As my clients were all is so much pain and could not bear to touch the area or have anything against their skin in the affected area, there was no choice to consider anything other than a spray application. In each case, I selected the same three essential oils:  Niaouli (Melaleuca  quinquenervia ct 1,8 cineole), Ravensara (Ravensara aromatica) and Melissa (Melissa officinalis), each receiving a dilution of no less than 5% with a determined amount of Tamanu oil in an aromatic organic Lavender hydrosol to heighten the efficacy of the blend from the start. Other essential oil options considered included Bergamot, Tea Tree and Roman Chamomile.

In each case, I reached out the next day to see how each was feeling and to ascertain that they were all, in fact, using their blends. The satisfaction and relief expressed by each was rewarding to hear. In two out of three instances, the pain medication that had been prescribed was not necessary as the blend provided adequate relief from the pain. In the other instance it took three days before my client conveyed likewise that she felt it was unnecessary to take the pain medication anymore. In all instances, I stressed the requirement that each complete the oral antibiotics that had been prescribed by physicians that were treating each one of them. The blistering effect of shingles can be a horrifying image. I observed numerous blisters larger than 1/2 inch in diameter on the trunk of the male client (they appeared smaller but were just as numerous for the two female clients). Needless to say, all are concerned about potential scarring. I plan to transition to a topical oil blend containing Tamanu and Jojoba as carriers and a few carefully selected cicatrisant organic essential oils for my most recent client as was successful with the prior two. When they see me, they can’t thank me enough for “getting them through it.”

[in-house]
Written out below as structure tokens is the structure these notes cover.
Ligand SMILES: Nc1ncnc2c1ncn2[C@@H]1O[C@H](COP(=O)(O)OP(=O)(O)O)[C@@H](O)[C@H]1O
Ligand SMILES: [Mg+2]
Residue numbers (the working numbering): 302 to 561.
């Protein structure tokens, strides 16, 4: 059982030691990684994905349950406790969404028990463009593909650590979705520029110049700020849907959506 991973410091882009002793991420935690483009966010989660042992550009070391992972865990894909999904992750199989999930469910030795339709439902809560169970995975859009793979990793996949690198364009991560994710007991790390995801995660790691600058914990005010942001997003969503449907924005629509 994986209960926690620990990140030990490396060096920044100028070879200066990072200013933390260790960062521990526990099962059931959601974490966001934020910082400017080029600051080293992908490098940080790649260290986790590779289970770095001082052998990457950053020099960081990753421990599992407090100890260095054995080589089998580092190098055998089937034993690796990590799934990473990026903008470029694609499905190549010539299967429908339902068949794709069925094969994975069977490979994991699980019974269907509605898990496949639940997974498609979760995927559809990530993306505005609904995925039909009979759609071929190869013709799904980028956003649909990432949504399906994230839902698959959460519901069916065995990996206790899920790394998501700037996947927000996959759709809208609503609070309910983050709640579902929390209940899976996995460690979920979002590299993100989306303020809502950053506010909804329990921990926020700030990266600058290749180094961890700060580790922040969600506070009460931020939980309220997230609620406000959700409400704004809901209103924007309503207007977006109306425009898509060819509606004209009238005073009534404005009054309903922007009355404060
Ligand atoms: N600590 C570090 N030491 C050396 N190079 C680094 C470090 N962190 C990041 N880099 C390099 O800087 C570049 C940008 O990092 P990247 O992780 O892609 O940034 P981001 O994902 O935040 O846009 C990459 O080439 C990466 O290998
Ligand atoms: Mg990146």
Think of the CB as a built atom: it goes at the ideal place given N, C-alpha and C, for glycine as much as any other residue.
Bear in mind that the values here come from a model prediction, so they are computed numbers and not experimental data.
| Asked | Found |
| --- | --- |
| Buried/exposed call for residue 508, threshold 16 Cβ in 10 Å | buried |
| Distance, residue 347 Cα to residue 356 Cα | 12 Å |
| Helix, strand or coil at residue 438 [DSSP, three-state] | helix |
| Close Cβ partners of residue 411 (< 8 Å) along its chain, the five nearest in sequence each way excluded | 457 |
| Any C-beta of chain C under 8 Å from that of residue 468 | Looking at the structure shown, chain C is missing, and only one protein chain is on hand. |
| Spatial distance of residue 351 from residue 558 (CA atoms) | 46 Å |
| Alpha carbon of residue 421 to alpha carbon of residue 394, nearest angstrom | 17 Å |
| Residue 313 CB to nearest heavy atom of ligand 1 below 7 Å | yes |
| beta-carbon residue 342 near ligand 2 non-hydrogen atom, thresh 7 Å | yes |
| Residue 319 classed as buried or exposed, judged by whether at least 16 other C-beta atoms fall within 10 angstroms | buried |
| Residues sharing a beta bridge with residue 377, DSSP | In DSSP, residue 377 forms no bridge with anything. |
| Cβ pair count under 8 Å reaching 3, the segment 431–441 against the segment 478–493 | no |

Maintaining my own health and helping others as a result of knowledge gained, as in other circumstances in my life, serve as primary motivating factors regarding my interest and effort to study and use aromatherapy. I love hearing positive results. I am always grateful about the bounty and blessings in plant life that serve our needs in  miraculous ways. While I would insist that anyone diagnosed with shingles be treated by a physician, I would not hesitate to promote the use of aromatherapy to support the need to alleviate pain, and once the external healing has begun, calm the itch and anxiety that accompanies a shingles diagnosis.

With a rise in compromised immune systems and stress as factors for the onset of shingles, in addition to the benefit of living longer among growing segments of the general population, I expect to see more clients presenting shingles as their introduction to aromatherapy. I full expect to utilize more Green Gold (Calophyllum inophyllum) to assist and relieve their physical and emotional discomfort.

Aromatically Yours.

Dried Calophyllum inophyllum fruit (seed)

To read more about Tamanu (Foraha) Oil, please use these links: Aromatics International http://www.aromaticsinternational.com/aromatherapy-other-products/tamanu-oil-foraha

Agroforestry: http://www.agroforestry.net/tti/Calophyllum-kamani.pdf (amazing pictures of this wondrous plant)
 
Fascinating chemistry of Calophyllum inophyllum and study of its use on scars in the International Journal of Cosmetic Science article (2002): http://www.dweckdata.com/Published_papers/Tamanu.pdf